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Electronics for dummies - McComb G.

McComb G., Boes E. Electronics for dummies - Wiley publishing, 2005. - 433 p.
ISBN: 0-7645-7660-7
Download (direct link): electronicsfordummies2005.pdf
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^ Base ^ Emitter ^ Collector
A base is wired to a voltage or current and turns the transistor on or off. Emitter and collectors leads connect to a positive or negative voltage source or ground. Which lead goes where varies with the circuit.
You can see this arrangement of connections in Figure 4-11. A few transistors, most notably the field-effect transistor (or FET), include a fourth lead. This lead grounds the case to the chassis of the circuit.
You absolutely, positively have to make sure that you donít install a transistor the wrong way in your circuit. Switching the connections around can damage the transistor and sometimes other components. You can find yourself even more confused by transistor connections because theyíre often (though not always!) shown from the underside of the case because thatís
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Chapter 4: Getting to Know You: The Most Common Electronic Components
where you solder them on. That is, the lead pinouts look as if youíve turned the transistor over and are looking at it from the bottom. This perspective makes soldering the transistor in a circuit board easier.
Transistor types
First, transistors qualify as either NPN or PNP devices. These mysterious abbreviations refer to the sandwiching, or junctions, of the semiconductor materials inside the device. Unless you have x-ray vision, you canít tell the difference between an NPN and PNP transistor just by looking at them. However, the catalog specification sheets, as well as schematics, should tell you the difference, as in Figure 4-12. You select NPN and PNP devices based on how you plan to use the transistor in the circuit. We canít get into the nitty-gritty of choosing an NPN or PNP transistor here because it could fill a whole book. But we can say that you canít mix-and-match NPN and PNP transistors. If a circuit calls for a PNP transistor, you canít substitute an NPN type without expecting to see smoke billowing out of some part of your device.
Figure 4-12:
Schematic symbols for NPNand PNP transistor types. For an NPN, the arrow points out from the center of the symbol. For a PNP, the arrow points in.
As if you didnít have enough stuff to memorize, in addition to the junction type, transistors are categorized by how the junction is created during manufacturing. The two main types of transistors that youíre likely to encounter are bipolar and FET. Hereís how they differ:
Bipolar transistors: These transistors are the most common kind (and theyíre the kind that we cover in the preceding sections). A small input current is applied to the base of the transistor. This in turn, changes the amount of current that flows between the collector and emitter.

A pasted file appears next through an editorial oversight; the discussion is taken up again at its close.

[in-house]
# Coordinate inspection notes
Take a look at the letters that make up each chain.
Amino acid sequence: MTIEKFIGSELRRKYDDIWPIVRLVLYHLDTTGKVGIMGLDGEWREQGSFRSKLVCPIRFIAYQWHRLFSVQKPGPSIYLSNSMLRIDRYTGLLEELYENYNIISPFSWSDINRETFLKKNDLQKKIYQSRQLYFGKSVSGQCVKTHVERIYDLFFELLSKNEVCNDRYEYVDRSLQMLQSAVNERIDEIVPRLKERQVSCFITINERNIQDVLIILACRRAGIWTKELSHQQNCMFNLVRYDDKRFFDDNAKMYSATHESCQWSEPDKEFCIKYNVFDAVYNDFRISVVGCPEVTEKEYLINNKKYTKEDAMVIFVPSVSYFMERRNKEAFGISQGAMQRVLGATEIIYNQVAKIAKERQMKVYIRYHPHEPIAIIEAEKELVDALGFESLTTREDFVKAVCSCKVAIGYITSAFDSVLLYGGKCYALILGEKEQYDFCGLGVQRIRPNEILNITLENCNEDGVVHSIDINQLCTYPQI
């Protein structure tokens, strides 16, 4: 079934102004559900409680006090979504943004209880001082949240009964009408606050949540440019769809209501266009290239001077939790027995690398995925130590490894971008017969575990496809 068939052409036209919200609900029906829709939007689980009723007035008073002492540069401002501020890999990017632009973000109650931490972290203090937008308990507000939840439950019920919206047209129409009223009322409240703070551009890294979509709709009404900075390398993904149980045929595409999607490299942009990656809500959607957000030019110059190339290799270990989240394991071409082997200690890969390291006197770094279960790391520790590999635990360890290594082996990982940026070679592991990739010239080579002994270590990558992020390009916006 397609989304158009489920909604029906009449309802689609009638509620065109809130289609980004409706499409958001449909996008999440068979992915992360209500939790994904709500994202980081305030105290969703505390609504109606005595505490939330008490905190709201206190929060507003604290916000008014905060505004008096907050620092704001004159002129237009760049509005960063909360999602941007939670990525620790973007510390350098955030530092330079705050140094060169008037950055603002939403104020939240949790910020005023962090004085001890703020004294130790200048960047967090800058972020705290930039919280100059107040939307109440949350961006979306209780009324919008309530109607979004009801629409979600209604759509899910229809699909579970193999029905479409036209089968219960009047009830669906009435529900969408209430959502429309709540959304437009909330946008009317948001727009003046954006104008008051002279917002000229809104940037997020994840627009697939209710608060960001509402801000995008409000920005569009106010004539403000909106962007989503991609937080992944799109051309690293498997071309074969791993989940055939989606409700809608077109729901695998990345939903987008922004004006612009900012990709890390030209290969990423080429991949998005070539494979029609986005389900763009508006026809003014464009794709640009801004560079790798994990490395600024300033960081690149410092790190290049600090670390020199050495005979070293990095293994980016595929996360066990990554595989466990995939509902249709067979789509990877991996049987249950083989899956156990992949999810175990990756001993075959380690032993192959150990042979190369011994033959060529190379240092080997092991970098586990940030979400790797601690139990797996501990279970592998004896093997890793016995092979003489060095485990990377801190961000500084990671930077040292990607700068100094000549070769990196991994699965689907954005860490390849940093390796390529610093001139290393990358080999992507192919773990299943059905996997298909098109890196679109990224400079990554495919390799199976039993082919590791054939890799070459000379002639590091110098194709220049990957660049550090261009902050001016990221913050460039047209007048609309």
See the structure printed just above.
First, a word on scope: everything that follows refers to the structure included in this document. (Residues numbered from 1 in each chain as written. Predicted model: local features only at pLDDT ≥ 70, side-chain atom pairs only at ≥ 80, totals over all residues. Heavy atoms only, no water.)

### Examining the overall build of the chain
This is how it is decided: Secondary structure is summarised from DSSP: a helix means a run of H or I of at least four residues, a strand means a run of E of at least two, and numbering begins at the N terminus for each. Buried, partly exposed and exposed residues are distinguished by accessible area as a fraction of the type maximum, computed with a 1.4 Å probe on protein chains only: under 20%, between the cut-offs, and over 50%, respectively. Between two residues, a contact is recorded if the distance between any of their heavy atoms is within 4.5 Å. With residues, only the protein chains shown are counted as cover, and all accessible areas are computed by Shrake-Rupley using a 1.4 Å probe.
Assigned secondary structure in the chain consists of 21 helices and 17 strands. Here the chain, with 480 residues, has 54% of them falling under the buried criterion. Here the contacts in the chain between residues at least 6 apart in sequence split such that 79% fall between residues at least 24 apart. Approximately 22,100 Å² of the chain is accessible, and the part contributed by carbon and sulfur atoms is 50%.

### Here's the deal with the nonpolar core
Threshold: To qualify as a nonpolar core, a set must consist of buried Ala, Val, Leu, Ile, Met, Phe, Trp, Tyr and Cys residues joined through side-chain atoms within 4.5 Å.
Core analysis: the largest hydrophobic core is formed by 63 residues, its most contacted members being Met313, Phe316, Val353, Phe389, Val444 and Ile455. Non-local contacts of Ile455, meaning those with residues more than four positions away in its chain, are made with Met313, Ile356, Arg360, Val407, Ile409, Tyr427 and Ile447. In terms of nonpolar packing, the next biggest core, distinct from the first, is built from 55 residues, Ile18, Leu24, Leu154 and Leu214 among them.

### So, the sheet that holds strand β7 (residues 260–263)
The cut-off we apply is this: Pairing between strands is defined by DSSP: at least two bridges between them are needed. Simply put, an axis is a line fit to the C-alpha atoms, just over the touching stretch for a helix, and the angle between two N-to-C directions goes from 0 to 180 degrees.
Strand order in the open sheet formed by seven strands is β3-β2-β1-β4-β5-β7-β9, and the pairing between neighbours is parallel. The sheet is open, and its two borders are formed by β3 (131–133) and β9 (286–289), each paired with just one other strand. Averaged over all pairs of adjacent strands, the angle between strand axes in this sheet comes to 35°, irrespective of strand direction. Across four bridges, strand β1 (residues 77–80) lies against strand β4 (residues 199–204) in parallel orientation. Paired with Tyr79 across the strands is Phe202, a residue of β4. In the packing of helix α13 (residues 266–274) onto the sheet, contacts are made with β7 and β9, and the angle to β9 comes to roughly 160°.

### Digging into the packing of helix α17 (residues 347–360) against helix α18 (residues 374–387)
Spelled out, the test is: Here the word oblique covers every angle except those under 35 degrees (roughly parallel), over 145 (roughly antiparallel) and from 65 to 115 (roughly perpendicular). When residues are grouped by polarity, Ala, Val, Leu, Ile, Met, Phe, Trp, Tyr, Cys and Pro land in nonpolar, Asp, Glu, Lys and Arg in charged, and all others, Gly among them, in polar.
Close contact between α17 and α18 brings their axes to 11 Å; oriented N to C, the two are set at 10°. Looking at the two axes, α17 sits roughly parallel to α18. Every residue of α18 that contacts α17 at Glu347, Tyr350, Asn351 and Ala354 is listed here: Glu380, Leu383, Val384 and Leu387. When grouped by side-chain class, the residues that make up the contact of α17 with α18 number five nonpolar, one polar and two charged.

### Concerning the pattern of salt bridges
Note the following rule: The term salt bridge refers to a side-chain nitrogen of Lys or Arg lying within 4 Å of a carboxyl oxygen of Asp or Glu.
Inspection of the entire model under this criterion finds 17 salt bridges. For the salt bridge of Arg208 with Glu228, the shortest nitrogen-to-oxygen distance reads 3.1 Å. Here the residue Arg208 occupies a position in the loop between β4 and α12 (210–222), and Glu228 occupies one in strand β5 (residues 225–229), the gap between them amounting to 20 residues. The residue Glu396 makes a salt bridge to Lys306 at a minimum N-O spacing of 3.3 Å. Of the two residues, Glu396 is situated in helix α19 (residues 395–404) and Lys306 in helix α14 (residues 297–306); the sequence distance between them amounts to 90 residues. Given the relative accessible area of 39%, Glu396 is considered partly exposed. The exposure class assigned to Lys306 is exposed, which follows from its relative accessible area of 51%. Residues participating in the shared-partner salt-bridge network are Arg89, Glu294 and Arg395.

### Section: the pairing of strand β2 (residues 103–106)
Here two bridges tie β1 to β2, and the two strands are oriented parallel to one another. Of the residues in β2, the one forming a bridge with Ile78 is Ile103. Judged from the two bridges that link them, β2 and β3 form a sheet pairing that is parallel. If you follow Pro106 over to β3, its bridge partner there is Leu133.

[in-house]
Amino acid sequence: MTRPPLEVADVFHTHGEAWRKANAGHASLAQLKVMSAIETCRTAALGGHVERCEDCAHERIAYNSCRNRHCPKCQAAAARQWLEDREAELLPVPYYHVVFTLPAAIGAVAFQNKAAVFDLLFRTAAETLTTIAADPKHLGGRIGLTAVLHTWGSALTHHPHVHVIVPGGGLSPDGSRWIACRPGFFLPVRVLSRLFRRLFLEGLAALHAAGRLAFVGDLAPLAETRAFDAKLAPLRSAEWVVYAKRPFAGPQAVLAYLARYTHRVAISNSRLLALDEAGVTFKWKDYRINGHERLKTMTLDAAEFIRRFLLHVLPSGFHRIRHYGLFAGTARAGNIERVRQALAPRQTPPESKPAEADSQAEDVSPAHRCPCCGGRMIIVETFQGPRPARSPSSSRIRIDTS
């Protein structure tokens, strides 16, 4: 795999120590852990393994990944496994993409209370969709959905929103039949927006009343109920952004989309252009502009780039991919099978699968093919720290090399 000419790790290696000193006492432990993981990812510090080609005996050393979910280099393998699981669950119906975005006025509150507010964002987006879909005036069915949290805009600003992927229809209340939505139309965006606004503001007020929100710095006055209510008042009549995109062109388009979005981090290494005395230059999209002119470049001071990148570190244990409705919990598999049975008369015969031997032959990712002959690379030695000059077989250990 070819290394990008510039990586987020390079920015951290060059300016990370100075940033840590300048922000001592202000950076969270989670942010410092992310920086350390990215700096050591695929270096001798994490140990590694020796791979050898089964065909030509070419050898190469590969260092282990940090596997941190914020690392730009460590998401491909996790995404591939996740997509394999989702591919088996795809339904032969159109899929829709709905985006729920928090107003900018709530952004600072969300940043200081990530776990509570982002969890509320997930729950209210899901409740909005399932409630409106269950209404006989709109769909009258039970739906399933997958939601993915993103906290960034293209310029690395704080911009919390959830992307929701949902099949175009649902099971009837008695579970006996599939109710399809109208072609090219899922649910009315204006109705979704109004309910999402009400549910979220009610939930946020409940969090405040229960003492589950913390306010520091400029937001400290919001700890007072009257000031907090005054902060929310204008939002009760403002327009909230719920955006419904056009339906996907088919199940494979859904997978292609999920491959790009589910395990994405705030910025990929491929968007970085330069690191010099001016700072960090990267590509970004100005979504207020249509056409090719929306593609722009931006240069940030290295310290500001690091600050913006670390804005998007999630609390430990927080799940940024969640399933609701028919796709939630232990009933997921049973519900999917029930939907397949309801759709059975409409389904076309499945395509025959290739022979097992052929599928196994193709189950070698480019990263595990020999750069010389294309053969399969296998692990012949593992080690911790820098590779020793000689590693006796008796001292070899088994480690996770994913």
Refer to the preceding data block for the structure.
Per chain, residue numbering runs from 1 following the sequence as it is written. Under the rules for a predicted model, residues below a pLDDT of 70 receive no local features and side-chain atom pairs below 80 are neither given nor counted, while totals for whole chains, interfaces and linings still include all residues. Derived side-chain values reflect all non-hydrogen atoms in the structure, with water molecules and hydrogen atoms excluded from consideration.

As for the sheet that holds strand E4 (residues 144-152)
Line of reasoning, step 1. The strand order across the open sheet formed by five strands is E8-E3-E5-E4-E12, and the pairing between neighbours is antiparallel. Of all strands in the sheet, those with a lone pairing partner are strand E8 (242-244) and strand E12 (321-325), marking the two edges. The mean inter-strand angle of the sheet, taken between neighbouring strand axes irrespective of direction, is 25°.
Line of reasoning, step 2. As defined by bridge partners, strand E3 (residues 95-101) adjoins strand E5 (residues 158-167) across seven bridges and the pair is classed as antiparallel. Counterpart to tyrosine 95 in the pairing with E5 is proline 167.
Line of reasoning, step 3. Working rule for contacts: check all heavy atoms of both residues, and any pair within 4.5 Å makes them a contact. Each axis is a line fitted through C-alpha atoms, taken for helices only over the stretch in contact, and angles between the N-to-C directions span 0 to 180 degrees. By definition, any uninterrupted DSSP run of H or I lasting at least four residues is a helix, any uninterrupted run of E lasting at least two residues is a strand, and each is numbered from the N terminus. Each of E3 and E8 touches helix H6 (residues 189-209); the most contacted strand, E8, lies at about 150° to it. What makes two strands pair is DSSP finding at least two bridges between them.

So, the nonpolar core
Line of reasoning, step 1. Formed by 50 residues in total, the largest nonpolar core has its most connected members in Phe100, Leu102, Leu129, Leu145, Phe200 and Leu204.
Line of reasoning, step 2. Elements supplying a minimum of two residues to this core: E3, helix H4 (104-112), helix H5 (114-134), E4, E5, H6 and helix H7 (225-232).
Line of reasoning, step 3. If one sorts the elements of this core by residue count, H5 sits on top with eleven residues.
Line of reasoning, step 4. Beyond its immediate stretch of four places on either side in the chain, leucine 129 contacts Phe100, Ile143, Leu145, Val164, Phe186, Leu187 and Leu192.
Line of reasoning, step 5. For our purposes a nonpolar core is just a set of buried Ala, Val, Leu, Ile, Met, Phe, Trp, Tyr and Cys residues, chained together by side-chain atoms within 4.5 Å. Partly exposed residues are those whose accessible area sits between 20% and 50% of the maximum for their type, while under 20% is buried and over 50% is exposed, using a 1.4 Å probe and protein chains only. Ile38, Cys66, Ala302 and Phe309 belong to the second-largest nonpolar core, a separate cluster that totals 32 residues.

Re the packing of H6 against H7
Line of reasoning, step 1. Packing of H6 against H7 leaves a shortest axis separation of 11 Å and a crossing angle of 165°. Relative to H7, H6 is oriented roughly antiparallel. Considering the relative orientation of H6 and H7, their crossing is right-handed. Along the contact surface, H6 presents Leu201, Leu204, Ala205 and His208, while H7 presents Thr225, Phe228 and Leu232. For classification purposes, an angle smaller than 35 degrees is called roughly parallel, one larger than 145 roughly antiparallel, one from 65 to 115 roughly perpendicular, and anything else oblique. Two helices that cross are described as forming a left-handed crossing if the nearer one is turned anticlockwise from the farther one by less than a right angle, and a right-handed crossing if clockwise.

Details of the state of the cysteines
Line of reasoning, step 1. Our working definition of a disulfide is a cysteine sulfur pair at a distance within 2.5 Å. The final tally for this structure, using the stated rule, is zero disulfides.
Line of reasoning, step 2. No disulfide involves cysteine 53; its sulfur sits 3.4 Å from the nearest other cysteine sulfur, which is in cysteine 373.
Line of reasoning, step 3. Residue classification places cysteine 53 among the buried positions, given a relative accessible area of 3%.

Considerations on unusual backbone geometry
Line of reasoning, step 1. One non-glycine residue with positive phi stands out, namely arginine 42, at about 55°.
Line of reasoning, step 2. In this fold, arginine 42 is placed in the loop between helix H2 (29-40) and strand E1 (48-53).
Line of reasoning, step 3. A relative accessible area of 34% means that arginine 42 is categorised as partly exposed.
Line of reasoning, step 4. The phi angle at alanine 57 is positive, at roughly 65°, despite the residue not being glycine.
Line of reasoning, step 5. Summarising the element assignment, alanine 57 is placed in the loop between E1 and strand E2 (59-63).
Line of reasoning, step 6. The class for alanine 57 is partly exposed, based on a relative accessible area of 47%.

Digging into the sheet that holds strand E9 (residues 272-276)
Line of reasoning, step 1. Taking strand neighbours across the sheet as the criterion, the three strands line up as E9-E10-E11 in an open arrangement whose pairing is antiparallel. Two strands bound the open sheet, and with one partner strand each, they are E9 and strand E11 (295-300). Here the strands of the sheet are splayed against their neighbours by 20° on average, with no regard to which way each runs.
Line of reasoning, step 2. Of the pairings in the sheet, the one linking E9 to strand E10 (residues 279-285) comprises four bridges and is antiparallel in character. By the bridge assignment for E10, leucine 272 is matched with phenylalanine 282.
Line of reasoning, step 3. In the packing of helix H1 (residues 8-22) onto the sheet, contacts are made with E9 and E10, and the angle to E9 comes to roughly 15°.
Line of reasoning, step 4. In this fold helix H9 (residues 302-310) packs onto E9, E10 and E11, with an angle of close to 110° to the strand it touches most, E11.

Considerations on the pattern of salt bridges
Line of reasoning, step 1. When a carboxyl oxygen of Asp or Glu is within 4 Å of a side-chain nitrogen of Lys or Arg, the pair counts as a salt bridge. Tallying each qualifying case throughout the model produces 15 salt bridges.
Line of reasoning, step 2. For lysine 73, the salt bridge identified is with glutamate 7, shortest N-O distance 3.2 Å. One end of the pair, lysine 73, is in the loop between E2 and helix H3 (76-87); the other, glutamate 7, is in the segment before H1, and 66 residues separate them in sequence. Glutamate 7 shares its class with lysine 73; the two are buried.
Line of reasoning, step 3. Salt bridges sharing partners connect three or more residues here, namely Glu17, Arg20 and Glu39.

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Part II: Aisle 5, Component Shack: Stocking Up
^ FETs (field effect transistors): These transistors also have three connections, but you call those connections gate, source, and drain, rather than base, collector, and emitter. Applying a voltage to the gate controls the current between the source and drain. FETs come in two types: N-chan-nel (similar to NPN) and P-channel (similar to PNP).
Technically, FETs come in two sub types: MOSFET and JFET. For the purposes of your basic electronics education, the differences between these two types donít really matter, but knowing this kind of secret electronics language helps you sound smarter when you talk to your electronics geek friends.
Static discharge can damage FET transistors. At the very least, always store your FETs in anti-static foam. When buying FETs, keep them in their antistatic bag or tube and leave them there until youíre ready to use Ďem.
Packing Parts Together on Integrated Circuits
All the components that we mention in the earlier sections of this chapter come just one to a package. Electronics mavens call them discrete components, meaning separate. (Donít confuse the word with discreet which means minding your own business.)
Enter the integrated circuit, the true marvel of the 20th century. Also called a chip or IC, these amazing creations are miniature circuit boards produced on a single piece of semiconductor. A typical integrated circuit contains hundreds of transistors, resistors, diodes, and capacitors. Because of this circuit efficiency, you can build really complex circuits with just a couple of parts.
ICs are the building blocks of larger circuits. You string them together to form just about any electronic device you can think up.
The way that all the components are wired inside an IC determines what the IC does. You can either solder the IC directly into the circuit board or mount it in a socket.
Integrated circuits most often come enclosed in dual in-line pin (DIP) packages, such as the ones in Figure 4-13. This illustration shows several sizes of DIP ICs, from 8-pin to 40-pin. The most common sizes are 8-, 14-, and 16-pin.
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